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KURDS invariably greet visitors to “Kurdistan” with a cup of sweet tea and the complaint that they are “the largest people without a nation.” They are right. Approximately 24 million Kurds are spread across Turkey, Iran, Syria, Iran, and the countries of the Caucasus. While the Kurds are the fourth-largest ethnic group in the Middle East (after Arabs, Persians, and Turks), they remain destined to be a minority spread among nations.1 But are they a pariah minority? And what historic responsibility do the Kurds themselves bear for their status? Kurds and Kurdistan The term “Kurdistan” first appeared in the fourteenth century, but like many regions before the rise of nationalism, its boundaries shifted through time (Nikitine, 1956: 23). Today, the area claimed as Kurdistan spans 500,000 square kilometers—roughly the size of Spain—and stretches from the center of Turkey to the southern Caucasus and then southward along the Iran-Iraq border (Bois, 1965: 1-2). Kurdistan literally means “land of the Kurds,” but the area is not homogenous and contains Arabs, Turks, Persians, Assyrians, and Armenians, among others. Many Kurds live outside Kurdistan as well. Between the sixteenth and eighteenth centuries, the shahs of Iran’s Safavid dynasty transferred Kurds to Khorasan in what is now northeastern Iran, conscripting them to guard the SOCIAL RESEARCH, Vol. 70, No. 1 (Spring 2003) Are Kurds a Pariah Minority?* MICHAEL RUBIN *I am grateful for the help provided by Seth Wikas, a research assistant at the Washington Institute for Near East Policy, as well as that of many Iraqi Kurds who must remain anonymous until their future is more secure. frontier against marauding Uzbeks (Avery, 1991: 4-5). More recently, urban migration has shifted Kurdish demographics. The city with the world’s largest Kurdish population today is Istanbul, followed closely by Ankara, even though neither city falls within traditional Kurdistan (Koknar, 1999). There is even disagreement over who can be considered a Kurd. When I lived in Iraqi Kurdistan during the academic year 2000-2001, some officials insisted that the Lur and Bakhtiari tribesmen of Iran were actually Kurds, although most Lur and Bakhtiari consider themselves distinct peoples (Tapper, 1997: 11; Garthwaite, 1983: 18; Mortensen, 1993: 44). Likewise, linguistic or religious minorities, such as the Zaza of Turkey and the Chaldeans of Iraq, often seek to be recognized as separate ethnicities. Despite the frequent use of the term “Kurdistan,” only in Iran and Iraq does the name have official definition. In Iran, Kurdistan is a province, albeit one that encompasses just one-eighth of the area in Iran inhabited by Kurds.2 In Iraq, the 1974 autonomy law defined Kurdistan as areas found by the 1957 census to have a Kurdish majority, meaning the governorates of Dohuk, Erbil, and Sulaymaniyah. However, Kurds have long disputed the census , and make additional claims on both the city and governorate of Kirkuk (McDowall, 2000: 336). Among the Kurds, there is religious, linguistic, and tribal diversity . Most Kurds are Sunni Muslims, with perhaps 15 percent Shiite . Tens of thousands of Kurds also adhere to Islamic heterodox and pre-Islamic religions. For example, perhaps 1 million Alevi Kurds live in Turkey. Alevi theology combines a pivotal role for the Caliph ‘Ali (one of Muhammad’s companions and the fourth caliph) with vestiges of pre-Islamic beliefs (Boseley, 1989).3 Yezidi Kurds are concentrated in Iraq’s Ninawa and Dohuk governorates ; they claim approximately 140,000 adherents in Iraq (Khayli, 2001; Pope, 1993).4 (Yezidism is a pre-Islamic belief combining a cult of angels, with vestiges of pre-Islamic Zoroastrianism and Manichaeism.)5 Communities of Kaka’is (Ahl-i Haqq) 296 SOCIAL RESEARCH blend pre-Islamic beliefs with Shia Islam and live in mountain villages along the Iran-Iraq border (During, 1998). Language is perhaps the factor that most divides Kurds today. Kurdish is an Indo-Iranian language similar to the Persian spoken in neighboring Iran (and very dissimilar to Arabic and Turkish , both of which belong to separate language families). Kurdish is, however, divided into numerous dialects, not all of which are mutually intelligible. Generally speaking, the two most important Kurdish dialects are Kurmanji (sometimes called Bahdahnani, after a nineteenth-century emirate) and...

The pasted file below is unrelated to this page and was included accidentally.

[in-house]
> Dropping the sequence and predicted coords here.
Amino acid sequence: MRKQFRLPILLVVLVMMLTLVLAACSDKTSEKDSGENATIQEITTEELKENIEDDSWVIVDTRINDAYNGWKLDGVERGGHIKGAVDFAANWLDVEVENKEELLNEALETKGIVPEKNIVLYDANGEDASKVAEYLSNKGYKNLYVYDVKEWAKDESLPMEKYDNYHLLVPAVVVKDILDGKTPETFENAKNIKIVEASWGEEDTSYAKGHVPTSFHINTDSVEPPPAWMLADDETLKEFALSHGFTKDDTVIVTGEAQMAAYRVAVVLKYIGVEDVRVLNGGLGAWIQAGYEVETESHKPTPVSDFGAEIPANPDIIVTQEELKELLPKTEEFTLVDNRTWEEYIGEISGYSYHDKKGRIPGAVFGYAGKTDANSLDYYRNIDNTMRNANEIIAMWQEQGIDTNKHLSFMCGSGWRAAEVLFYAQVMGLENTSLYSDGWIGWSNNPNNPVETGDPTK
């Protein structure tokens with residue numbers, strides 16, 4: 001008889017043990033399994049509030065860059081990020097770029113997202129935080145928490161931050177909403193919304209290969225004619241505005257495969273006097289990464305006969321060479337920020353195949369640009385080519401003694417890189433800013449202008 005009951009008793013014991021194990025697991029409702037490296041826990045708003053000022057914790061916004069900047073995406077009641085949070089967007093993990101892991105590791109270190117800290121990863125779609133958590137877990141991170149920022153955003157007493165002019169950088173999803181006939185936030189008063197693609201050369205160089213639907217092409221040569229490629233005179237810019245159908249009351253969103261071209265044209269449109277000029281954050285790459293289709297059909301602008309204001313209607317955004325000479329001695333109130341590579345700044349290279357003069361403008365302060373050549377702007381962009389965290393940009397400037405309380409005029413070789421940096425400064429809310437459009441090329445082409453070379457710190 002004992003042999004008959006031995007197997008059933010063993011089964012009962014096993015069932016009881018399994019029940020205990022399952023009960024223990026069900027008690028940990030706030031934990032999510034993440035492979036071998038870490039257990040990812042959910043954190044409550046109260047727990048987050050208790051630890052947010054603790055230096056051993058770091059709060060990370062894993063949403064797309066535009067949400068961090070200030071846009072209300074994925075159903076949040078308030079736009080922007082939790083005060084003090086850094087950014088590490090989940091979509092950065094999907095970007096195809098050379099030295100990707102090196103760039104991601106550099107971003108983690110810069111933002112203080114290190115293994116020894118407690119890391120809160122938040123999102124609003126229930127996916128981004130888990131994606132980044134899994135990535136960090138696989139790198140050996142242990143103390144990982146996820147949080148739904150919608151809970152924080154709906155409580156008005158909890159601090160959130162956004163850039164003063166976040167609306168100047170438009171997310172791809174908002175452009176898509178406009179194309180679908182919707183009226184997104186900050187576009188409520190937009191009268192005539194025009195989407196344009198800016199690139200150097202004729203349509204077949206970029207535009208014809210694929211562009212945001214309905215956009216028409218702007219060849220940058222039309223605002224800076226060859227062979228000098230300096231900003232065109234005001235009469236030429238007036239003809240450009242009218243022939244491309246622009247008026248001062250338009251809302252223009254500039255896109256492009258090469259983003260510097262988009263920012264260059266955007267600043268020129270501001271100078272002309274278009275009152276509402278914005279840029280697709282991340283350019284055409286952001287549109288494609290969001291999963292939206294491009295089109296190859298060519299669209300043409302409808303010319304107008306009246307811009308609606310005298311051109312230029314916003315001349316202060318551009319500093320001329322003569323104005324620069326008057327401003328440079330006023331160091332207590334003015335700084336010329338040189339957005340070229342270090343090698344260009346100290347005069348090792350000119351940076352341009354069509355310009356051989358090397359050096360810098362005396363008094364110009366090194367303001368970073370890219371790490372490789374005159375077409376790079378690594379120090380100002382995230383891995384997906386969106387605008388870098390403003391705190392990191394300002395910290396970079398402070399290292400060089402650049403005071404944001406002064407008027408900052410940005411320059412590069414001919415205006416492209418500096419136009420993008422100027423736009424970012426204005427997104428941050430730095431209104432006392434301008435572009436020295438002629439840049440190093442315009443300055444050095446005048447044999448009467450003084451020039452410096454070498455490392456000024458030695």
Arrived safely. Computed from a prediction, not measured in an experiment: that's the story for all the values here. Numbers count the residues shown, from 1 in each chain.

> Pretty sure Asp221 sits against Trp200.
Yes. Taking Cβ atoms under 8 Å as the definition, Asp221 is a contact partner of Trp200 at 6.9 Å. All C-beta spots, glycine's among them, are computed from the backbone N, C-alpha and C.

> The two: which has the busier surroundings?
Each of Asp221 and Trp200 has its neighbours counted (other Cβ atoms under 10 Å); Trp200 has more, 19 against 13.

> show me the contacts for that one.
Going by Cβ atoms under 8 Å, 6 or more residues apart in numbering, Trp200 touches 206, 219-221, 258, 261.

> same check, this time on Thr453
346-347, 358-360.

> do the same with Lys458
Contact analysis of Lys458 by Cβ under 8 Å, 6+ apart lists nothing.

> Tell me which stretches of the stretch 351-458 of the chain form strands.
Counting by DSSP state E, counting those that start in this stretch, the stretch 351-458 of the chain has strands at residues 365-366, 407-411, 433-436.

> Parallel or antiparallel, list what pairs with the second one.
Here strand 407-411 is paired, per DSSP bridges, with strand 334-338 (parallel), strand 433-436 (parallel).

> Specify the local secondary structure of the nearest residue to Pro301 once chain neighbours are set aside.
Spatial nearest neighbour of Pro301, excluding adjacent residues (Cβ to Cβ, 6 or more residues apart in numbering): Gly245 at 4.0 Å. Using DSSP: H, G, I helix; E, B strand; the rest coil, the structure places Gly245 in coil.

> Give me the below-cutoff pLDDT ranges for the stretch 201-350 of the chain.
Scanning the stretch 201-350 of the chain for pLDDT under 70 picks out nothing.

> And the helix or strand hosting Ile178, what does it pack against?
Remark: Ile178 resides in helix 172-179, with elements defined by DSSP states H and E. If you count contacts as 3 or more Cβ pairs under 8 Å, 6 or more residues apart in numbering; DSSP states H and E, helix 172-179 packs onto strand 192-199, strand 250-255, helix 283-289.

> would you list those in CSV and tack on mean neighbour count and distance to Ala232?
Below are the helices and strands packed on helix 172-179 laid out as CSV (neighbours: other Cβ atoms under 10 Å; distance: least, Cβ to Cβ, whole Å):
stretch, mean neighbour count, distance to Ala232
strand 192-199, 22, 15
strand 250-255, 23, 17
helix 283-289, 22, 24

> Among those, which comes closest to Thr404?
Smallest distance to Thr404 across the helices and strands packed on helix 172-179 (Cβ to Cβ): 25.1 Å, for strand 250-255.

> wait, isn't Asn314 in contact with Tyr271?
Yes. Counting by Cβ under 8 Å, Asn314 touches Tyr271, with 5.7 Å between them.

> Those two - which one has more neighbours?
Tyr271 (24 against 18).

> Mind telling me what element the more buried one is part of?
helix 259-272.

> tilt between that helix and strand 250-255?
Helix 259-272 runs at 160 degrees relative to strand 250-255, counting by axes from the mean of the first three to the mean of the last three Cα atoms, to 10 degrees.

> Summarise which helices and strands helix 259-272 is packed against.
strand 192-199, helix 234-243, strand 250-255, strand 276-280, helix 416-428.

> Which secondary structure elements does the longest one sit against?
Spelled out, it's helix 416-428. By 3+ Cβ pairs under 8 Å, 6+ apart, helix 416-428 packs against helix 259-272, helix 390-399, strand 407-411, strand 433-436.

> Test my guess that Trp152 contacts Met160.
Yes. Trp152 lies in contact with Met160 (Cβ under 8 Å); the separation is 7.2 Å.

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Additional Information

ISSN
1944-768X
Print ISSN
0037-783X
Pages
pp. 295-330
Launched on MUSE
2015-04-01
Open Access
No
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